Sen. Sher­rod Brown (D-Ohio), who serves on the Se­nate Ap­pro­pri­a­tions de­fense sub­com­mit­tee, and Reps. Marcy Kaptur (D-Ohio) and Jim Jor­dan (R-Ohio) sent a let­ter to Pres­i­dent Obama on the day Gates an­nounced the can­cel­la­tion, urg­ing the pres­i­dent to hold up any de­ci­sion un­til af­ter the test­ing pro­gram is con­cluded.

“Do­ing any­thing else will deny our Marines a much needed war-fight­ing ca­pa­bil­ity, will un­nec­es­sar­ily cost tax­pay­ers bil­lions of dol­lars, and will en­dan­ger the key ground com­bat ve­hi­cle in­dus­trial base in this coun­try,” they wrote. They pointed out that EFVs will be com­ing off a “ tank pro­duc­tion and mod­i­fi­ca­tion line at Lima, Ohio. . . . With­out the EFV, these fa­cil­i­ties will be se­verely down­graded, hurt­ing the lo­cal economies and elim­i­nat­ing hun­dreds of high-pay­ing, high-skilled man­u­fac­tur­ing jobs.”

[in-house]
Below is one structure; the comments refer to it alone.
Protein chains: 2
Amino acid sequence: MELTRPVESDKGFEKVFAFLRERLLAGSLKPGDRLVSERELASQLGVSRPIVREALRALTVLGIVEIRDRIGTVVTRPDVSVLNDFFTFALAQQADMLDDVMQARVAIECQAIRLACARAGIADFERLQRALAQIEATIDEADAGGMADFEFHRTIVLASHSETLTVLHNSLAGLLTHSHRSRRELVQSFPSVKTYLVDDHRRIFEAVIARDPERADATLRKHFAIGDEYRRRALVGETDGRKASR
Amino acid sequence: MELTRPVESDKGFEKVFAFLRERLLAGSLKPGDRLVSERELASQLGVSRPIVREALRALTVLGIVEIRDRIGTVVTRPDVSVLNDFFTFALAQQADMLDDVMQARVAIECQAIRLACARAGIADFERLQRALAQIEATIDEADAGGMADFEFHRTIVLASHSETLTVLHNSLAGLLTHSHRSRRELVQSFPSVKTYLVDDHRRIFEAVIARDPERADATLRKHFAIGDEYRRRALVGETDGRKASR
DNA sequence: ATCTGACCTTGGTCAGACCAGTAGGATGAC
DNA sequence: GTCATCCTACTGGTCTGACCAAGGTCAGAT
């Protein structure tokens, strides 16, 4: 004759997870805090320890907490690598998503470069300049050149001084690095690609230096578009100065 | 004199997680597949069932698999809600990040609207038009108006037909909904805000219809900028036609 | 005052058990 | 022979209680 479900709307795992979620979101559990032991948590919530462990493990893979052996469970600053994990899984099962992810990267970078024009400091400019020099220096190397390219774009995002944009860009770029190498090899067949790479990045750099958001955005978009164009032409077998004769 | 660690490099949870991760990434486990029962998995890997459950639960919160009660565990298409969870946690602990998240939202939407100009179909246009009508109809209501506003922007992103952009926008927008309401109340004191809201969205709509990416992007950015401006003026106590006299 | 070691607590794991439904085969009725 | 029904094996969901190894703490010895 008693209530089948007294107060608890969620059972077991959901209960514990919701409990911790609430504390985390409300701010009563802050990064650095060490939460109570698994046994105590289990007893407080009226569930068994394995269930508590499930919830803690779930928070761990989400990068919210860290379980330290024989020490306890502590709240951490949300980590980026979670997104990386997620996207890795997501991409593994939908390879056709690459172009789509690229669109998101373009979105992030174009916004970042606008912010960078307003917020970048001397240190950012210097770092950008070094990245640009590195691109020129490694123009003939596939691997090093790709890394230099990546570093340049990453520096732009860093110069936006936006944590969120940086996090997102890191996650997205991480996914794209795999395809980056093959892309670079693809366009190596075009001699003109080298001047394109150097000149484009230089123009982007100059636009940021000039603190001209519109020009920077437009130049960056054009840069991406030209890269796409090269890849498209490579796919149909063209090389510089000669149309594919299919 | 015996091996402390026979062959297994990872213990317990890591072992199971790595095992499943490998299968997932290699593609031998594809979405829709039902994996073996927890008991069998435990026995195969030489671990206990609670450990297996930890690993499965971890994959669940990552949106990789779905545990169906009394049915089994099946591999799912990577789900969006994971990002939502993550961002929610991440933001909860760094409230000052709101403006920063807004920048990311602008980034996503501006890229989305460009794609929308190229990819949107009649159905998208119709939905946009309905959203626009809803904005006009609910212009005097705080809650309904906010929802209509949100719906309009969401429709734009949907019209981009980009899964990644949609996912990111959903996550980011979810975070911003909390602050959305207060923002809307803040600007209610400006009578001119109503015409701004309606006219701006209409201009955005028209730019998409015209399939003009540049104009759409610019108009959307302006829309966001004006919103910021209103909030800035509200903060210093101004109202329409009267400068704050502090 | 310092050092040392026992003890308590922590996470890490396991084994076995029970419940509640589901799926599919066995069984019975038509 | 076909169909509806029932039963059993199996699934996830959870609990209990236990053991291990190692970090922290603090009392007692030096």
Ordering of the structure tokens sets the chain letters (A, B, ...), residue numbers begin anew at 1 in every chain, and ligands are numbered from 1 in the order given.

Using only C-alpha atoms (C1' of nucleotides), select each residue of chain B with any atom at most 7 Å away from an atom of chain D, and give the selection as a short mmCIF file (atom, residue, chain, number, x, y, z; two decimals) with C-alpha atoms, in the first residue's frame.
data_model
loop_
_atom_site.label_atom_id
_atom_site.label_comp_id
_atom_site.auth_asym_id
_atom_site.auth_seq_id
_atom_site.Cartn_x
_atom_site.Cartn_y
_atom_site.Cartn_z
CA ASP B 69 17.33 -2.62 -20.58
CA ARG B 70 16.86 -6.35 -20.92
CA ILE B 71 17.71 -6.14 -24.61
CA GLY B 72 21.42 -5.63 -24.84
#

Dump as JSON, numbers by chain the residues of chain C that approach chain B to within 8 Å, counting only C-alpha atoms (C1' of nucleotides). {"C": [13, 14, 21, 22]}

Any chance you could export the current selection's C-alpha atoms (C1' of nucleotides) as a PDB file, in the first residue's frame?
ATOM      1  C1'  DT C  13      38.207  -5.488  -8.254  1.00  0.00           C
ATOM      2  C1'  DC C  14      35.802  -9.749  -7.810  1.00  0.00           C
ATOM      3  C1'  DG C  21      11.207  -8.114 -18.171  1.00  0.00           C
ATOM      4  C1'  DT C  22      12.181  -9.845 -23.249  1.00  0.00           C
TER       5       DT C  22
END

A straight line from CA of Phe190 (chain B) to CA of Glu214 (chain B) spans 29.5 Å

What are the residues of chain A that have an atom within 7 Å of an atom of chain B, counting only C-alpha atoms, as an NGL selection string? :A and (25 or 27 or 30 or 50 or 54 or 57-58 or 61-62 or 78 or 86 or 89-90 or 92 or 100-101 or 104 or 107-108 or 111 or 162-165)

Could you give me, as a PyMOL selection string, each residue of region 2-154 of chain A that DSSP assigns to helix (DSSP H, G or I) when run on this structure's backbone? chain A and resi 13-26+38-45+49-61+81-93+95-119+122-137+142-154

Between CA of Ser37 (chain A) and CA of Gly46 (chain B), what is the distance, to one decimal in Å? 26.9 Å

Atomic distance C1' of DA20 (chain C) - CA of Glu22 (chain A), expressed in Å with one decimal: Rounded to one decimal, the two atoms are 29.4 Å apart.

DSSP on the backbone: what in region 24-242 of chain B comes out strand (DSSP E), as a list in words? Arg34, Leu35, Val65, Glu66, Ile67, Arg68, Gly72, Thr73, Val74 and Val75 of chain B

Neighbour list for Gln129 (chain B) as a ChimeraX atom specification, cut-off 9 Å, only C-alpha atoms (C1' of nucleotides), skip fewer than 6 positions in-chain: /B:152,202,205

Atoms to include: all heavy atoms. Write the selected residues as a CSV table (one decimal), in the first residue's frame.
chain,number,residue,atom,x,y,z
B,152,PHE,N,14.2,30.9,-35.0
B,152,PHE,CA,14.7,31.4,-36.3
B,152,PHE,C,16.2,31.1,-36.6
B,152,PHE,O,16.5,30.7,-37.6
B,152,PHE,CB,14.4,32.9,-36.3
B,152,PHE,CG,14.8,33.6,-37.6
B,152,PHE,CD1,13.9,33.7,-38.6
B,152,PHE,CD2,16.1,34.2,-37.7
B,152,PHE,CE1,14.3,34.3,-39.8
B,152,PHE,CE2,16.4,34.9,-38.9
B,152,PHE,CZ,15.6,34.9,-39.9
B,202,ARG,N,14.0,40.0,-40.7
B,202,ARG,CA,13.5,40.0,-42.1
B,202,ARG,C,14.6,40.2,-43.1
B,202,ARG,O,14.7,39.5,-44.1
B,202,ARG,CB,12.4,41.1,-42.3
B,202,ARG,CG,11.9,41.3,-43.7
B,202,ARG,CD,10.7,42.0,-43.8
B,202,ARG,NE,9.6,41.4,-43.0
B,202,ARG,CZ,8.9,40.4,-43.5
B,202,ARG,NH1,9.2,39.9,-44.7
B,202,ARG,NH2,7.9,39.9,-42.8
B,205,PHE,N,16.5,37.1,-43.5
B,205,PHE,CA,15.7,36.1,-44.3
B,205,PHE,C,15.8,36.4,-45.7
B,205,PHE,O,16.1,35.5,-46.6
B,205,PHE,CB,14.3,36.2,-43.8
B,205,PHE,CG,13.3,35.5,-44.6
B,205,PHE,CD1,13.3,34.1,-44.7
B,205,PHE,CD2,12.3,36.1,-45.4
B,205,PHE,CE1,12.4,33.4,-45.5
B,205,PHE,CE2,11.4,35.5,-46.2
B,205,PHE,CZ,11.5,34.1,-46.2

Brown, Kaptur and Jor­dan also sug­gested “pur­chas­ing 200 ve­hi­cles” as a vi­able op­tion, say­ing it would equip two Ma­rine Ex­pe­di­tionary Bri­gades with mod­ern am­phibi­ous lift and save up to $5 bil­lion from the cost of the cur­rent pro­gram.

Peter Keat­ing, vice pres­i­dent of com­mu­ni­ca­tions with Gen­eral Dy­nam­ics Land Sys­tems, the lead con­trac­tor, said the pur­chase of 200 EFVs would also al­low Gates to have enough funds from the orig­i­nal pro­gram to up­grade ex­ist­ing am­phibi­ous ve­hi­cles. He called that “a win-win sit­u­a­tion.”

The test­ing of pro­to­types at Camp Pendle­ton has lasted 400 of a planned 500 hours and is sched­uled to be com­pleted by month’s end. Scor­ing of the re­sults is ex­pected in Fe­bru­ary. “What­ever data we get from there will in­flu­ence what we do in the near fu­ture,” said Emanuel Pacheco, a Ma­rine Corps spokesman.

He added that there have been lessons learned from the pro­gram, “and de­spite all the de­trac­tors, this” — am­phibi­ous land­ing in a con­tested area — “is not a ca­pa­bil­ity that is go­ing to go away.”